Riepenhoff’s father, Leo, bought the 1938 Buick Special from a local dealership when it was new. He used it to deliver farm products and get in supplies and sundry on other trips but always kept it in the garage when it wasn’t being used.
“My dad drove it to Portsmouth and took eggs in the back seat to deliver to customers down on Grimes Avenue in Portsmouth, where the new Portsmouth High School sits,” Roger said. “He stopped at a station in Wheelersburg and put a dollar’s worth of gas in. That was five gallons, and it would last him until the following week.”
Today, the car has 109,000 miles on the odometer and everything on it is original except the tires and the shiny black paint.
“It was getting dull and in the early 1980s I had Bennett’s Body Shop repaint it,” Riepenhoff said. “But there’s not one speck of rust or one drop of body putty on it anywhere. The spare tire in the trunk, I’m pretty sure, is the original Montgomery Ward tire that came with it.”
On Wednesday, he backed it out of the garage at his home off Ohio 522, 2 miles north of Wheelersburg and just a stone’s throw from where the family farm was. The big Buick Dynaflash 8 kicked to life with just a touch and there was not one vibration evident in the purr of the big engine.
“It absolutely runs like a new one,” Riepenhoff said.
When Leo Riepenhoff died in 1964, Roger bought the car from his mother. He’s kept it in the garage, too, except when bringing it out for a short drive or to enter it in an occasional antique car show.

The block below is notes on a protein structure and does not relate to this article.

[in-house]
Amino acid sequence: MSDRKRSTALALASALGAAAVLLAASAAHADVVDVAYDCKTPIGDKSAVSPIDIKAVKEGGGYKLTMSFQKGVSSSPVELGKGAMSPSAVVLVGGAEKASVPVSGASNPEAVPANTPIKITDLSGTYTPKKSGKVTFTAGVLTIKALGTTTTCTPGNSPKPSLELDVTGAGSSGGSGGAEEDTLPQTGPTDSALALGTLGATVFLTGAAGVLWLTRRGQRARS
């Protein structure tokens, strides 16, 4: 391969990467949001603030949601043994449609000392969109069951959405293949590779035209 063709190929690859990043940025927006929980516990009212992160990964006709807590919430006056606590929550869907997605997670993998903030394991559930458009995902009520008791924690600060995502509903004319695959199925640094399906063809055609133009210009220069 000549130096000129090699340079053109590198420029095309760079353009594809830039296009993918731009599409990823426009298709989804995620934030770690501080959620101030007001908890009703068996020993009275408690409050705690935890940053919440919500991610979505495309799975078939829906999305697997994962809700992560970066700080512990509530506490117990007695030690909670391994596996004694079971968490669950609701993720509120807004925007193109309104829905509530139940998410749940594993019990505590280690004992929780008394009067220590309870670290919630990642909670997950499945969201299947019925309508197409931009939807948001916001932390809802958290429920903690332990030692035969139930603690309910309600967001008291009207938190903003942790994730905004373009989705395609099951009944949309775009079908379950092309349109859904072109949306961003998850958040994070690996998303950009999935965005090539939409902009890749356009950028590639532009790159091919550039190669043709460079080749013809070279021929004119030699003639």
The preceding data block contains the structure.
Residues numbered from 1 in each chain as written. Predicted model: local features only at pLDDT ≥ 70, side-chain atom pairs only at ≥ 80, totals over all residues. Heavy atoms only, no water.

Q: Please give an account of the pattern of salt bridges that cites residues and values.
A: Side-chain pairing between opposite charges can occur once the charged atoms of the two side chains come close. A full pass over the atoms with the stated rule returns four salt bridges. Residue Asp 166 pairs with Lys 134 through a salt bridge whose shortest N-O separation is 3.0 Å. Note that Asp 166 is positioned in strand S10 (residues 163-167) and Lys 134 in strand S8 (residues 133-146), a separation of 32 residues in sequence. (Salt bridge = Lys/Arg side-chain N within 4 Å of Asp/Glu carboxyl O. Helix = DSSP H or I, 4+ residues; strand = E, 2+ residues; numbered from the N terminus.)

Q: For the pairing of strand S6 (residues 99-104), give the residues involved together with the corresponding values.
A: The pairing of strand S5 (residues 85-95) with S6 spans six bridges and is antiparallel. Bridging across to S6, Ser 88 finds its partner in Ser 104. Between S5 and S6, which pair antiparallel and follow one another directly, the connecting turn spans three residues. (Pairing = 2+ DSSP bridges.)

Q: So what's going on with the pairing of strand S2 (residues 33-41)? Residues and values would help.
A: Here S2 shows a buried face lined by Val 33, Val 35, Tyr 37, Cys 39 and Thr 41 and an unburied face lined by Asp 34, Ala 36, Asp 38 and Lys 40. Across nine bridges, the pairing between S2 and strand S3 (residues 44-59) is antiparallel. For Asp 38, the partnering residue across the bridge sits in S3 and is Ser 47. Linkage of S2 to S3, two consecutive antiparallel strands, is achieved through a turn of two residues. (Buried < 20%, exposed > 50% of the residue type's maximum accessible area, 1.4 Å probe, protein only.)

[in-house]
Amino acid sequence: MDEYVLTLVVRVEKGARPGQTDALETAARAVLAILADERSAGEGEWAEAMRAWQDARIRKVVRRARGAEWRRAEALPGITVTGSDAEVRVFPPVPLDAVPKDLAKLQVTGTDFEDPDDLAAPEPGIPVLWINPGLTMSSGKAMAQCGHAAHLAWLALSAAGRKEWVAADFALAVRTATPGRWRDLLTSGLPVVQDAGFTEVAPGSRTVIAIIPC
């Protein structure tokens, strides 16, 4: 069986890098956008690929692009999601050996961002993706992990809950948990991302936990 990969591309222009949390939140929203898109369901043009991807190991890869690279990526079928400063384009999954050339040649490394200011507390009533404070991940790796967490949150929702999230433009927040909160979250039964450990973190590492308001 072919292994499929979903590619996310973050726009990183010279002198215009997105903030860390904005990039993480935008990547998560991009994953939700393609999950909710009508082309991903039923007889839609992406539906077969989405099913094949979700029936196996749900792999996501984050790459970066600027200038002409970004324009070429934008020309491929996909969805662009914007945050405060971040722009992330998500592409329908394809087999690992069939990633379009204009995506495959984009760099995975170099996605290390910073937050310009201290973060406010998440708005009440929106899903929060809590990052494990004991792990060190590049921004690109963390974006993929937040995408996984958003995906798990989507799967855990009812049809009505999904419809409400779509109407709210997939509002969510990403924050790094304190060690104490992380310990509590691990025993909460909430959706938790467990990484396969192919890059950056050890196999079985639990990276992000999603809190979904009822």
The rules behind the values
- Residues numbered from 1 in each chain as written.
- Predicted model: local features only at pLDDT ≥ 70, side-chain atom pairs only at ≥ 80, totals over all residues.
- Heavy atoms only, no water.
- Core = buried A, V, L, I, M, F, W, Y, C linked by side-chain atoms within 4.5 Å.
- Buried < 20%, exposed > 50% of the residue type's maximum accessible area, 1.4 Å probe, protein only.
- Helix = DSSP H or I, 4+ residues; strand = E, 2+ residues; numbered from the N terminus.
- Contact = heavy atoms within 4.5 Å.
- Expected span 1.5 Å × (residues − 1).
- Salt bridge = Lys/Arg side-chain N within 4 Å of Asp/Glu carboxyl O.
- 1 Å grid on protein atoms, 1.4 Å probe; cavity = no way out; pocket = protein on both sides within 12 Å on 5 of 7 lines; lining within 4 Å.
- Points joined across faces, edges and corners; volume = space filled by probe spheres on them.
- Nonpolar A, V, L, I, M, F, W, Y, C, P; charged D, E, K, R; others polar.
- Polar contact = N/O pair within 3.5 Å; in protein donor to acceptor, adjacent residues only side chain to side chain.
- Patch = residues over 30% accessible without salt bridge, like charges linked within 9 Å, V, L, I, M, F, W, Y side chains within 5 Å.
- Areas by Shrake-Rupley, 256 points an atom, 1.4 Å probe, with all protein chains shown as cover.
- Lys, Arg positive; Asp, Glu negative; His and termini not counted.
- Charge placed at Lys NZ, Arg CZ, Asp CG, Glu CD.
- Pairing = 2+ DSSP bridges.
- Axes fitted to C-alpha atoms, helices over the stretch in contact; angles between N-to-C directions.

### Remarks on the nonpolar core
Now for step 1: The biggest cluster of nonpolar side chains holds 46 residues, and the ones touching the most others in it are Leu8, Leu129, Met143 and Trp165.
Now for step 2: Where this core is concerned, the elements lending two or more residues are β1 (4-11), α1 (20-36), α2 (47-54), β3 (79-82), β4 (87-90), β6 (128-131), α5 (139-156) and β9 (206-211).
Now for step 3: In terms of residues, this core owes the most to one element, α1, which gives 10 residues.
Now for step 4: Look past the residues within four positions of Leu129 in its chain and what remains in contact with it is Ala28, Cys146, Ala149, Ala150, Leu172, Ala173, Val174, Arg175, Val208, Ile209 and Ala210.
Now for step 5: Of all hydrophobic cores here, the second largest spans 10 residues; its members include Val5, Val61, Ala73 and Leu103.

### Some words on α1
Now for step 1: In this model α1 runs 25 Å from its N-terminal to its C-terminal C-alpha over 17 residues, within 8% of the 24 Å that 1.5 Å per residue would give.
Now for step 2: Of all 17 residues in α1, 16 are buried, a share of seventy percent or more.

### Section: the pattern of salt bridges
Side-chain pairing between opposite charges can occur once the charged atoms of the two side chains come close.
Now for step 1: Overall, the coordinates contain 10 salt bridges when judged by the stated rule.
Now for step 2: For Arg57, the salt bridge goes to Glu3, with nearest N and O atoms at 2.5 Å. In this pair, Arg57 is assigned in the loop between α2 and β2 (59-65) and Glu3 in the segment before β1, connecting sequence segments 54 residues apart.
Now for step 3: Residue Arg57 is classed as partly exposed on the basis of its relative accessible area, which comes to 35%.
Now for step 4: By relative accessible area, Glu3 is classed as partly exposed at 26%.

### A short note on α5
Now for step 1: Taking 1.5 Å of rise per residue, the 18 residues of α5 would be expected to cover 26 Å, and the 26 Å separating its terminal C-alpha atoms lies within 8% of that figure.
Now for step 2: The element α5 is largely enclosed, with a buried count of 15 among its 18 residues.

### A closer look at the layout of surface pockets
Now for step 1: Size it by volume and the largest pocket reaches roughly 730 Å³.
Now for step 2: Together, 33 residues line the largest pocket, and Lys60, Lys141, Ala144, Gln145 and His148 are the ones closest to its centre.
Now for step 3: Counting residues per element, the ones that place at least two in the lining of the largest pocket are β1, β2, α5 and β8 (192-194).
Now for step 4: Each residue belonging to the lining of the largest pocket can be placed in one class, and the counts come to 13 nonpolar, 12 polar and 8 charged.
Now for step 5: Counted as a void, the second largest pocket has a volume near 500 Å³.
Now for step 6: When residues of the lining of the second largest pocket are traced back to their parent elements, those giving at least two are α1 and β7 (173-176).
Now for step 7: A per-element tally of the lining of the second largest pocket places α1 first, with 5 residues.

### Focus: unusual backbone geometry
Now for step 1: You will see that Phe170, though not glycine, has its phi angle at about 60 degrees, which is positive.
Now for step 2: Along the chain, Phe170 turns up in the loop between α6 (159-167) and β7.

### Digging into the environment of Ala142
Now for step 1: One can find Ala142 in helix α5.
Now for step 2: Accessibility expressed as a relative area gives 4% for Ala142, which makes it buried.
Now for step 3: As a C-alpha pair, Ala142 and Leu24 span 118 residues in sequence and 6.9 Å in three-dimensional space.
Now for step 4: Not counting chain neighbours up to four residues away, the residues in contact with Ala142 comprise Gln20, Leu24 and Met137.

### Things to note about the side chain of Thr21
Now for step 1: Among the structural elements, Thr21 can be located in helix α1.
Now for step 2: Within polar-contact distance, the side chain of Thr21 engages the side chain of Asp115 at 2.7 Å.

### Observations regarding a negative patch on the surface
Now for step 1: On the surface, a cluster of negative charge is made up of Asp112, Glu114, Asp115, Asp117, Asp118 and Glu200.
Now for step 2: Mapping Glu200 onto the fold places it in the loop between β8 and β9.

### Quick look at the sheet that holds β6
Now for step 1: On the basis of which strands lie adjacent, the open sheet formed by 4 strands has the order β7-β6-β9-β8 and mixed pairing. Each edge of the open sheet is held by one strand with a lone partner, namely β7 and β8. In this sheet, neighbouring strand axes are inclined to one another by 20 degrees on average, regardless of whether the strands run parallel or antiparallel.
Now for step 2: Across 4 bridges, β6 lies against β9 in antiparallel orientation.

“After I was sure the car was mine, I did something my father would never have done. I took it out on the road and opened it up. I wanted to see what she would do,” Riepenhoff said. “I hit 105 mph and there was not a hint of vibration in the front or in the steering wheel or anywhere.”
The speedometer is numbered up to 120.
The car, which weighs 5,535 pounds, sold for $1,022 when it was new. The books that list such information says there were 11,265 Buick Specials built for domestic sales and another 76 for export. The 1938 version is referred to as the highest point reached in style and the “King of the Line” among antique car buffs.
Today’s price to a collector lists at $25,000 to $30,000.
Riepenhoff has no intentions of selling it.
“I’d like to see it kept in the family,” he said.
His son, Steven, of Cincinnati has a son named Travis, who has a son named Braxton.
G. SAM PIATT can be reached at (740) 353-3101, ext. 236.